Quick Picaxe Prototyping – Part 3 – Speaker

The completed speaker board

The completed speaker board

The third installment of my gripping series of picaxe parts is a speaker, to make use of the sound command on the picaxe.I found the tiny speaker in one of my many boxes of junk, it is from an old 3310 i used to use.

Picaxe Speaker Schematics

Picaxe Speaker Schematics

Again the scematic is very simple, with just 4 parts in total on the assembled board, the Speaker, the 10uF capacitor, the terminal block, and the board itself

The completed speaker board, from the back

The completed speaker board, from the back

The shot from the back isn’t that pretty, you can see the double sided sticky tape I used to hold the speaker on. i was contemplating using my hot glue gun, but it was outside in the shed, and it was late when i made this.

Anyway, i hope someone can find a use for these things,
Have fun,
Matt.

Edit: After playing around with the speaker a bit, it seems to have a very limited frequency response, with a massive peak in it, i figure because it came out of a phone, and was optimised for voice. So I’m going to dig into my boxes of junk, and try to dig up another small speaker to update the the unit with a better one.

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4 thoughts on “Quick Picaxe Prototyping – Part 3 – Speaker

  1. Hi,

    I’ve a question to ask you because i’m not very good in electronics.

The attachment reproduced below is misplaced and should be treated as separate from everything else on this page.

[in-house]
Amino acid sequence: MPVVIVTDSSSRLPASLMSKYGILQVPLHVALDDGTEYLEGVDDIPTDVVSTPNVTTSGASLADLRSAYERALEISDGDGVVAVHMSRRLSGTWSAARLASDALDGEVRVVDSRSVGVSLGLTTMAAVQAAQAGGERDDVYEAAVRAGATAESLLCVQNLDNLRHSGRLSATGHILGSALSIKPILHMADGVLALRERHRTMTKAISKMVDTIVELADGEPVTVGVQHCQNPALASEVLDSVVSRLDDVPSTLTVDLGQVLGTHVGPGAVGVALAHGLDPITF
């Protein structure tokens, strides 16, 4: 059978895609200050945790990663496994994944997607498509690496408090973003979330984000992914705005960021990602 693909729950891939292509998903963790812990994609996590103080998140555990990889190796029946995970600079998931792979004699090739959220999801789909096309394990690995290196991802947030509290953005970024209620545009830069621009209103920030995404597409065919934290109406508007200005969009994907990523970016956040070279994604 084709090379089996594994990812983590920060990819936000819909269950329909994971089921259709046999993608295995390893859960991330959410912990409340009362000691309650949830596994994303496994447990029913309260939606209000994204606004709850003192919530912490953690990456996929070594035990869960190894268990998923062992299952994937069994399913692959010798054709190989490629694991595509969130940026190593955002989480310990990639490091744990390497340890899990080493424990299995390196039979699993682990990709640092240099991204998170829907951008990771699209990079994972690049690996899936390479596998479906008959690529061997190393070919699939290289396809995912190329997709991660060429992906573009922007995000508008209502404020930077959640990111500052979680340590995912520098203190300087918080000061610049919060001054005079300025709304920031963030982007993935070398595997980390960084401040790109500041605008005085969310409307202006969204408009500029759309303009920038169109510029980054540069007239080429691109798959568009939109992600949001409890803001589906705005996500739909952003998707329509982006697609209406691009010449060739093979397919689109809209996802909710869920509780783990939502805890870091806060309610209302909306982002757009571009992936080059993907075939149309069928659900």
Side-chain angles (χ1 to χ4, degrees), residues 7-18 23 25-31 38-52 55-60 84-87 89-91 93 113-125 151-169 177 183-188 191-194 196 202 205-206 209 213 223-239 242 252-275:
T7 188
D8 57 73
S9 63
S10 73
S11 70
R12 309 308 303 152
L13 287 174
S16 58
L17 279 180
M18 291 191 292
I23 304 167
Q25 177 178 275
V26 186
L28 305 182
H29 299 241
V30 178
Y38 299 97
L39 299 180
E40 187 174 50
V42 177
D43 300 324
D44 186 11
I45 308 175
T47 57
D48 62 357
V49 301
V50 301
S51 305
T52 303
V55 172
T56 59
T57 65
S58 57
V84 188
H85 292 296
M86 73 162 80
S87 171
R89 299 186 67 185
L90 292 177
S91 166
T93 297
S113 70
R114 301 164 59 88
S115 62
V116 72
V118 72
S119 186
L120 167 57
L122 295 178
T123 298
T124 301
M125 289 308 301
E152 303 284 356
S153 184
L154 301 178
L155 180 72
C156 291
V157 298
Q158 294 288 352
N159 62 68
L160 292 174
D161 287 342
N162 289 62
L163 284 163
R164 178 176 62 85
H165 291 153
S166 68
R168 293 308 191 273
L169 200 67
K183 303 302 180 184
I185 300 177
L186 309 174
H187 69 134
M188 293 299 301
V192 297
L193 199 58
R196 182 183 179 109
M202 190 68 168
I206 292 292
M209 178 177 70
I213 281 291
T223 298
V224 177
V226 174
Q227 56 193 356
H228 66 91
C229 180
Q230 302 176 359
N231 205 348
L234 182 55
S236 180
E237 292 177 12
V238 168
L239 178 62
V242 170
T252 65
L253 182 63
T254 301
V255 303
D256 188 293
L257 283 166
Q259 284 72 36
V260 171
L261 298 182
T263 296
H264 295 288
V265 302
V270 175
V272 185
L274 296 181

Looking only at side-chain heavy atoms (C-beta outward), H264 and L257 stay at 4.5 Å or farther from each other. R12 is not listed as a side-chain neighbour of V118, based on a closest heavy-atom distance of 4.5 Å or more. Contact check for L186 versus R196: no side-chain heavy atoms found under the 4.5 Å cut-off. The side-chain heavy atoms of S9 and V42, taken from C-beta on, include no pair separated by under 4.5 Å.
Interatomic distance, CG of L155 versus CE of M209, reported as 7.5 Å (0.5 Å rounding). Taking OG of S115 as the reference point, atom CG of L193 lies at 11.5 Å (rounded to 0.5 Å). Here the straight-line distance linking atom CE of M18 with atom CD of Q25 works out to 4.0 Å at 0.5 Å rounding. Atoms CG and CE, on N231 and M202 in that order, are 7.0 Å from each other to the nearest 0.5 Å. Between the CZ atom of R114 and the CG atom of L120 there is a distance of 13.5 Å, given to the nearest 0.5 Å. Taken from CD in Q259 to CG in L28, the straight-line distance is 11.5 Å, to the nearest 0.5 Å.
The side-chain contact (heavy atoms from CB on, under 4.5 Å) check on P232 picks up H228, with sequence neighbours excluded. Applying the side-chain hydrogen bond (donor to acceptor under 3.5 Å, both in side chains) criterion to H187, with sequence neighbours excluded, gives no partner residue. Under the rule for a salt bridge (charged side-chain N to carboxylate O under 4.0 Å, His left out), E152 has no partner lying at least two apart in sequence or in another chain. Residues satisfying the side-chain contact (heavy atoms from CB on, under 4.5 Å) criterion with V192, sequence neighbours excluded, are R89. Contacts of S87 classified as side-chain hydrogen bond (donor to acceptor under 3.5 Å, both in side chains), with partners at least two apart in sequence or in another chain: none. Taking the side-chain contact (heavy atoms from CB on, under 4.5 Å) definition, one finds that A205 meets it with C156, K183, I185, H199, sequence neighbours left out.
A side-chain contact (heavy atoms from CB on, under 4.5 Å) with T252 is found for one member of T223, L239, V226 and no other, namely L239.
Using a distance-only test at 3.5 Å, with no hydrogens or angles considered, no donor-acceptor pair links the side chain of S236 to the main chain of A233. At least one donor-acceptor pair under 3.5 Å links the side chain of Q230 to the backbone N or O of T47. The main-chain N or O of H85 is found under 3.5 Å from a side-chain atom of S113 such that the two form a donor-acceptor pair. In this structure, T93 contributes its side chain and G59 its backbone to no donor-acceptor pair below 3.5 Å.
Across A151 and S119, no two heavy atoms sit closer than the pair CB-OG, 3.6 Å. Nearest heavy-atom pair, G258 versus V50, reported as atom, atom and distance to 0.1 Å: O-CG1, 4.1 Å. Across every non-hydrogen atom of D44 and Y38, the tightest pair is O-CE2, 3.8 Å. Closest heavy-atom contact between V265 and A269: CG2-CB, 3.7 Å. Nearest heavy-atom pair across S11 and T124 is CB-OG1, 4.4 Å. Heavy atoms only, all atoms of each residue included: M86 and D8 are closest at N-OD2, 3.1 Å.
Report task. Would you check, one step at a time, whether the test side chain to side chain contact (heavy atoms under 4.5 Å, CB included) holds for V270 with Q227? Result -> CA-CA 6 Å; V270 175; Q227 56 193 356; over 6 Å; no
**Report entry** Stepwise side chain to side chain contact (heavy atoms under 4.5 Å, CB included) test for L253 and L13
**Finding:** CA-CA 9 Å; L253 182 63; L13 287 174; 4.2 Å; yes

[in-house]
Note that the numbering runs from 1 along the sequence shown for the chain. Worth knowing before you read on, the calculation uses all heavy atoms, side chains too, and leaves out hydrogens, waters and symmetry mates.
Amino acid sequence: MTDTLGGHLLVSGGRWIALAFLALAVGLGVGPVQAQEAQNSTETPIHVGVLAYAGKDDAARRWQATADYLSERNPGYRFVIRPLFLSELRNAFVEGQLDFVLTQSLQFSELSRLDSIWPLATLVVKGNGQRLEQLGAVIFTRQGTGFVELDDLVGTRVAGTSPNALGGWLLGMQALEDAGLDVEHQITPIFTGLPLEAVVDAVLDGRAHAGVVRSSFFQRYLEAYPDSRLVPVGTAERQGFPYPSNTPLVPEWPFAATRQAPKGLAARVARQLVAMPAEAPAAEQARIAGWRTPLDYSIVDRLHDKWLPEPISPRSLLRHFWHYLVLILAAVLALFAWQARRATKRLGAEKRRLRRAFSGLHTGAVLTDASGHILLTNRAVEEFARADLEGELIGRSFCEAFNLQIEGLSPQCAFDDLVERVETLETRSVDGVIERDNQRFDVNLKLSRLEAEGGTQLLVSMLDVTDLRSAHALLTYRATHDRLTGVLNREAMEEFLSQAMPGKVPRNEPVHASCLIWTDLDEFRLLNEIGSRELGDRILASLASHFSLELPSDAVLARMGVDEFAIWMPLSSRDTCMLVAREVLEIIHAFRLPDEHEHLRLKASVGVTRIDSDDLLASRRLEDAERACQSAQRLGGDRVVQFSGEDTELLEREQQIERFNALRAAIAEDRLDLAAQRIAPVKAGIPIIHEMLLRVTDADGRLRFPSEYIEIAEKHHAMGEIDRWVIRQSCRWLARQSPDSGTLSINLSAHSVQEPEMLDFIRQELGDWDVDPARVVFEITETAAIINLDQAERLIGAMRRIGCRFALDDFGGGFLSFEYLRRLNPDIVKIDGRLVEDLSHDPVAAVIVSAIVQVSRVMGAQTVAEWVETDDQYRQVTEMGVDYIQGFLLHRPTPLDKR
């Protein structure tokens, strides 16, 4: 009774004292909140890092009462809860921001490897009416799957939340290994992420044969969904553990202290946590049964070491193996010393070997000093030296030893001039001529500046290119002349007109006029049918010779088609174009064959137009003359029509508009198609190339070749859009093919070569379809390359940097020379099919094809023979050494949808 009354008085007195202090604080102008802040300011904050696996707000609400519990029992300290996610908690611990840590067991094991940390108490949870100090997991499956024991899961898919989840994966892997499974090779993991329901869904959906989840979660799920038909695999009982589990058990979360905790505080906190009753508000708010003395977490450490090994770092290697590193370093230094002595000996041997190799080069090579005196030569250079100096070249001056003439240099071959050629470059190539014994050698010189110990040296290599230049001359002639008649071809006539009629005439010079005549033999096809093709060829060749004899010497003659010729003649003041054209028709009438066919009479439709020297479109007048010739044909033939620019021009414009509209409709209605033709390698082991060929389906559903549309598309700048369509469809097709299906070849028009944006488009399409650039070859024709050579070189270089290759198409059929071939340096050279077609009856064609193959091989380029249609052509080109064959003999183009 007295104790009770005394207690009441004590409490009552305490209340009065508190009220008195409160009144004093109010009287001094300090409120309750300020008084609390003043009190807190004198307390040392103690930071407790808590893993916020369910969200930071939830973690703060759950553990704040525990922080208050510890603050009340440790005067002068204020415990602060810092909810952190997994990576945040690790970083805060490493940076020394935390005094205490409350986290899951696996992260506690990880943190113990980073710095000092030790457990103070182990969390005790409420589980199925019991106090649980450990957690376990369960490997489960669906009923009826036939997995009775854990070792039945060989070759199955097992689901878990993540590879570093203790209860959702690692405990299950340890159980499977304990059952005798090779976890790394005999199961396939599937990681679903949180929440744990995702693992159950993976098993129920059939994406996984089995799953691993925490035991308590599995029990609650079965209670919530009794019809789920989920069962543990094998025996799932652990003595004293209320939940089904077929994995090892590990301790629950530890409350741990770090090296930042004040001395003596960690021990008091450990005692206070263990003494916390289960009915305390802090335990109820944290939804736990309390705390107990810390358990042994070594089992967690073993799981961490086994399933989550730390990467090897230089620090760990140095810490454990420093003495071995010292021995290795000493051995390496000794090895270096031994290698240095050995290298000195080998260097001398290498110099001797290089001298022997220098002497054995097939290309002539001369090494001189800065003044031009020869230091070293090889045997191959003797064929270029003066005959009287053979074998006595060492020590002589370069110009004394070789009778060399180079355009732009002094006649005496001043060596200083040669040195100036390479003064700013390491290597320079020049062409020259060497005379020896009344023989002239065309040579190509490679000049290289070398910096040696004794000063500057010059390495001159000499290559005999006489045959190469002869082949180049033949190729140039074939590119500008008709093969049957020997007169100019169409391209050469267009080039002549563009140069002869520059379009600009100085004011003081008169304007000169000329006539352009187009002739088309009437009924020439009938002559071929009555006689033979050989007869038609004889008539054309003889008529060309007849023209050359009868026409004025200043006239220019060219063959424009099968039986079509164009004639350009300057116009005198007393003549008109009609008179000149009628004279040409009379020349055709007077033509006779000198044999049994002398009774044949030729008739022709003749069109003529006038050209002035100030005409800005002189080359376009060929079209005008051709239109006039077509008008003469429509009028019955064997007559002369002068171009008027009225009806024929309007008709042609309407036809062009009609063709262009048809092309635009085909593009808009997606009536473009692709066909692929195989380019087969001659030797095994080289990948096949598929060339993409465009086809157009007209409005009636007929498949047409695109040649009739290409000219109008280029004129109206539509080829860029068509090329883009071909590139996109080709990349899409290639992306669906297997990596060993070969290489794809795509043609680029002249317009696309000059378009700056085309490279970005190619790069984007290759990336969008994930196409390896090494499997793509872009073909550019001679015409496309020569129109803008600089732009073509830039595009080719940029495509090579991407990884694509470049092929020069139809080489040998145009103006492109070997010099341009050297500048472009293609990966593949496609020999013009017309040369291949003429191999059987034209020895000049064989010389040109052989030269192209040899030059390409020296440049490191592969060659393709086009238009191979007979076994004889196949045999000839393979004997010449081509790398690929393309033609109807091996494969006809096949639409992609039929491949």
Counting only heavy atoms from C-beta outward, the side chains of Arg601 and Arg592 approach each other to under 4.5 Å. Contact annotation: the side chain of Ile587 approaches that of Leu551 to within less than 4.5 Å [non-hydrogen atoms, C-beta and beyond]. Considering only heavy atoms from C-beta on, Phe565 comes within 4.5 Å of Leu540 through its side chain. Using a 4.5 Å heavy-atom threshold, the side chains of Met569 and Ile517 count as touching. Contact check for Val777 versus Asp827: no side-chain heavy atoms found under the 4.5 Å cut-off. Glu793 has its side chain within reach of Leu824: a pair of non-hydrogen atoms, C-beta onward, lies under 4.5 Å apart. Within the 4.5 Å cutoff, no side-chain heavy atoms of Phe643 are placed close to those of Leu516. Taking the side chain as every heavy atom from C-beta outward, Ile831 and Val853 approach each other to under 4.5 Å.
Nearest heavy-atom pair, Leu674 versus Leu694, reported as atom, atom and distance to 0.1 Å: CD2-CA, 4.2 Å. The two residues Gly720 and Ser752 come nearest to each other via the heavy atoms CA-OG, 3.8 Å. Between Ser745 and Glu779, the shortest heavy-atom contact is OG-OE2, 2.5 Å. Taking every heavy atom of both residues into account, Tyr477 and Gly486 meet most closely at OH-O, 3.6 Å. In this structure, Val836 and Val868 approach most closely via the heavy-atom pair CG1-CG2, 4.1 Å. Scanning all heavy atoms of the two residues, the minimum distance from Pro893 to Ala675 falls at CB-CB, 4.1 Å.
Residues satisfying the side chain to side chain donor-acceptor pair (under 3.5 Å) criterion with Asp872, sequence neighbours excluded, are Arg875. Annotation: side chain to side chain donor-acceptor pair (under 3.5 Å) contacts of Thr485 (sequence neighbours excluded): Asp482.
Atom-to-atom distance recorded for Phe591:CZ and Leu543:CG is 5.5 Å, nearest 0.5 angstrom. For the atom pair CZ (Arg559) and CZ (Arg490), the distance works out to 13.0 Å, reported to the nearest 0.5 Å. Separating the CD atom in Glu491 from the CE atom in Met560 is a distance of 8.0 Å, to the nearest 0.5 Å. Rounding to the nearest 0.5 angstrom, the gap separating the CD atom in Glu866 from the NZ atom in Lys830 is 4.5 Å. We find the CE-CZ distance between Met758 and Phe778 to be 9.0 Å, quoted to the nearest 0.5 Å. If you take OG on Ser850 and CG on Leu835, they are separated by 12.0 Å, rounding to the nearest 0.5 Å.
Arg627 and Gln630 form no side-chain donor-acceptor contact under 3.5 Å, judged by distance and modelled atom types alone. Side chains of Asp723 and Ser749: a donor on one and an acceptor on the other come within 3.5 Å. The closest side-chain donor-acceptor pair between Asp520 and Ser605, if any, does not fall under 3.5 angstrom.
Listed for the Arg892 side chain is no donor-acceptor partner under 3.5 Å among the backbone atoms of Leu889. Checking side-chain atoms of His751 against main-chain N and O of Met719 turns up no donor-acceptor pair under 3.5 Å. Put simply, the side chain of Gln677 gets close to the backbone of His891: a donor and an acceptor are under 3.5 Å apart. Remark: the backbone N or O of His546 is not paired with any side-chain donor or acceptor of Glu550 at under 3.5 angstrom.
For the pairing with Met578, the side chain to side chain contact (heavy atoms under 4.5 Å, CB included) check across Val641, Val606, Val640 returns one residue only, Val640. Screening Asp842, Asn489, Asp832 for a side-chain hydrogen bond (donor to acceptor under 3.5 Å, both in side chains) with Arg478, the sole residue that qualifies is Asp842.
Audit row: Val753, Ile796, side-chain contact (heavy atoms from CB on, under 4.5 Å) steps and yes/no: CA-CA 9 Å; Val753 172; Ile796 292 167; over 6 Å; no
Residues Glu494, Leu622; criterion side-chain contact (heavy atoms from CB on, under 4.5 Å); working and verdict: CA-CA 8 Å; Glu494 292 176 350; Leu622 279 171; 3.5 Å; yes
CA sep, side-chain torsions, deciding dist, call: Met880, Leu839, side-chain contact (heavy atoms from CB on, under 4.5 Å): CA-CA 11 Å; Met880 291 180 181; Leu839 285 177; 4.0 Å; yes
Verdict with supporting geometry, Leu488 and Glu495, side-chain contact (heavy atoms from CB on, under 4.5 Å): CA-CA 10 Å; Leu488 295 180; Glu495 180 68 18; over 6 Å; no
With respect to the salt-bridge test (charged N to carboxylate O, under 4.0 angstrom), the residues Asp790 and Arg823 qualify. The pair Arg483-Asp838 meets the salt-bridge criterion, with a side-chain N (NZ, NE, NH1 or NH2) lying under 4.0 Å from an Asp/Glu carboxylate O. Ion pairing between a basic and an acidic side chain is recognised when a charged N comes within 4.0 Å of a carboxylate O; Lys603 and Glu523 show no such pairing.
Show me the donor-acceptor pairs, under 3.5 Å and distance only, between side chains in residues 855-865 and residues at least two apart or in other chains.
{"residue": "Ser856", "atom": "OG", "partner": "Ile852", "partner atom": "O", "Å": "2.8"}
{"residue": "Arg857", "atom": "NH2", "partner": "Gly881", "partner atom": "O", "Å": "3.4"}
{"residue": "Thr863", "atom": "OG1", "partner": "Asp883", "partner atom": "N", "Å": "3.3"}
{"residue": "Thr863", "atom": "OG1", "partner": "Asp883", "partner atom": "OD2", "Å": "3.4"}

What is the purpose of using capacitor? I know that it can hold the voltage from the Picaxe but isn’t easier to just connect output pin directly to the speaker.

    Best Regards,

    Vincent Hua Wei Tien

  2. Hi there,
    To be honest, I don’t properly know why its there, I was just following the scematics in the Picaxe manuals. My best guess would be it is to smooth out the harsh sound output of the picaxe.

    The speaker connected directly to the Picaxe did seem to work, as i tried it that way while i was plaing around. i’m not sure if it was a difference in the way the speaker was mounted, but i think the speaker was also a little louder when on the board with the capacitor.

    I hope that helps you,
    Cheers,
    Matt

  3. Hey there,

    The purpose of the capacitor is to block any unintentional DC current that might cause the speaker to burn out / get hot / catch fire / eat the cat. Capacitors block DC current, so putting a little 10uf non-polarised one prevents the PICAXE sound command (which leaves the output high – feeding raw DC into the speaker!!) from damaging the speaker. Hardware design correcting software flaws…tut tut tut. Anyway. That is the reason. As a side note, if you wanted to block AC, you would use an inductor.

    Hope this helps.

    Peter Bridgman

  4. Pingback: Quick Electronics Prototyping / playing « DIY DATA

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